Miliband and Cameron clash over UK GDP figures
David Cameron and Ed Miliband have clashed in the House of Commons over the latest UK growth figures.
The prime minister told MPs that the 0.5% increase in GDP in the first quarter of this year was "good news" and accused Labour of "talking the economy down".
But the Labour leader accused him of "extraordinary complacency" and said the economy had "flatlined".
The 0.5% increase cancels out the 0.5% contraction at the end of 2010.
Figures from the Office for National Statistics (ONS) showed that the manufacturing and services sectors performed well in January to March 2011, but construction output fell sharply by 4.7%.
The 0.5% overall increase was less than the 0.8% forecast by the Office for Budget Responsibility.
In the first prime minister's questions since the Easter recess, Mr Cameron admitted the construction industry figures were "disappointing", but said overall the news was positive.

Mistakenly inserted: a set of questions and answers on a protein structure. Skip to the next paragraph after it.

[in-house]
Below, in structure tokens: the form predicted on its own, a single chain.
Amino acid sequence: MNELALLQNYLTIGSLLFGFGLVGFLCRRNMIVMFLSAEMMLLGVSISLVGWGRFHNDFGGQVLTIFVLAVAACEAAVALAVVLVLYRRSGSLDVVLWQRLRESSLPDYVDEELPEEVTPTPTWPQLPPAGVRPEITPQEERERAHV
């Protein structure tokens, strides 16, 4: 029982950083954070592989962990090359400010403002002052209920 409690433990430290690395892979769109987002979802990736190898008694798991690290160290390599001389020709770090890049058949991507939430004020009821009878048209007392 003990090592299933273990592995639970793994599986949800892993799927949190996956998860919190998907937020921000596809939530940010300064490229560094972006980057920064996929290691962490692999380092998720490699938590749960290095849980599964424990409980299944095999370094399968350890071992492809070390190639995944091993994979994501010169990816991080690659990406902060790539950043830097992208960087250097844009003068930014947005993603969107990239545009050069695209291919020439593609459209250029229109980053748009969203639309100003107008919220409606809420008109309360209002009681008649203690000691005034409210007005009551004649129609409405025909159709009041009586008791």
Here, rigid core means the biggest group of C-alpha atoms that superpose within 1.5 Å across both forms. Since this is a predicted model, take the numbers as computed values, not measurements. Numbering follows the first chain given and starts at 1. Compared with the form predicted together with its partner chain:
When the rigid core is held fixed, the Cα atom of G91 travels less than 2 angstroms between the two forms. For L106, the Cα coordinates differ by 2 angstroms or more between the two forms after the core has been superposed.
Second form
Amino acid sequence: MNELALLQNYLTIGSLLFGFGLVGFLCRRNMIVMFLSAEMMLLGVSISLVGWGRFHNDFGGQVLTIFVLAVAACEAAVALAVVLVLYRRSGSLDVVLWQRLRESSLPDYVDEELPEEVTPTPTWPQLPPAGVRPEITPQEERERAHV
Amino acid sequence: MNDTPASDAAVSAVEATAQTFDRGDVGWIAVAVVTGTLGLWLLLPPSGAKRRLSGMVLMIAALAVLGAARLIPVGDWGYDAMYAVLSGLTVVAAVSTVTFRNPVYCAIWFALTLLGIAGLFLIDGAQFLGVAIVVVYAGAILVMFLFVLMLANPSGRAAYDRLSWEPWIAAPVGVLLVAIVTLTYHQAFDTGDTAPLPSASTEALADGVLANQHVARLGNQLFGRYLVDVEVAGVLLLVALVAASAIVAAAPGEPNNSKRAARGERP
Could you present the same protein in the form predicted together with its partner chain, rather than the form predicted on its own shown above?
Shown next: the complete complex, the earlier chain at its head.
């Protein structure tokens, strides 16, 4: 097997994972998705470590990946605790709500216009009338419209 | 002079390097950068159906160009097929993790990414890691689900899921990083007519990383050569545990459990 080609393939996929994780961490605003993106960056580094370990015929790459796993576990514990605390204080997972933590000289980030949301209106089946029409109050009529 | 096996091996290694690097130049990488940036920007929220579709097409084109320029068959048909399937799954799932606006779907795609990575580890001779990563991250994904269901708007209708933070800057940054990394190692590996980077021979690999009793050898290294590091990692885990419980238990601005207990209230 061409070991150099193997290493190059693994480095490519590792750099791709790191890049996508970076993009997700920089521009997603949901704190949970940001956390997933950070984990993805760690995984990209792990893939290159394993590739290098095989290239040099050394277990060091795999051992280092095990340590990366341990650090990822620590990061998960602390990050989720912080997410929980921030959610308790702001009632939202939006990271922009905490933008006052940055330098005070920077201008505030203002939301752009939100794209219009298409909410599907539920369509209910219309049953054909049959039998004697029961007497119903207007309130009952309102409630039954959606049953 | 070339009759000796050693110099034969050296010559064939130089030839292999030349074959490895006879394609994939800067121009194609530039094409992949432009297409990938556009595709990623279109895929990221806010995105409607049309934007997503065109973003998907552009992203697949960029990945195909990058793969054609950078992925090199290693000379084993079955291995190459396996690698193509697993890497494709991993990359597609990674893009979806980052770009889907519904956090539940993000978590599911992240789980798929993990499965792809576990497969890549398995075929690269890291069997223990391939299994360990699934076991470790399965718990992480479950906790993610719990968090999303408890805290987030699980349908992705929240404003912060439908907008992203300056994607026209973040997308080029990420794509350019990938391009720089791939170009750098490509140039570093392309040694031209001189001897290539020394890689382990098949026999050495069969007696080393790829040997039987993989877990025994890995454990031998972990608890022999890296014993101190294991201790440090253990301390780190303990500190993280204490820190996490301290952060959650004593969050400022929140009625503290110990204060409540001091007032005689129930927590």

"What is encouraging in the figures is that the British economy is growing once again, manufacturing is up, exports are up, and we are seeing a rebalancing of the economy so we are not over-reliant on private consumption."
The PM accused Mr Miliband of "blatant opportunism", saying: "The Right Honourable Gentleman was desperate for the economy to shrink today.
"He'd written his questions, he'd come to the house. The only problem was the economy was growing, not shrinking.
"It's time to admit he was wrong about the deficit and wrong about the economy."
But Mr Miliband said the government's austerity measures had led to the "lowest consumer confidence ever" and it was impossible to claim the GDP figures were good news.
"What world is he living in? What extraordinary complacency," he said.
"Six months ago, what did he tell us? That we were out of the danger zone. Since then there's been no growth at all in the British economy."
Economists have given gave a mixed response to the figures.
David Kern, chief economist at the British Chambers of Commerce, said that given the "fragility of the recovery", the government must "persevere with policies that support growth, and remove the obstacles that prevent businesses from creating jobs and exporting".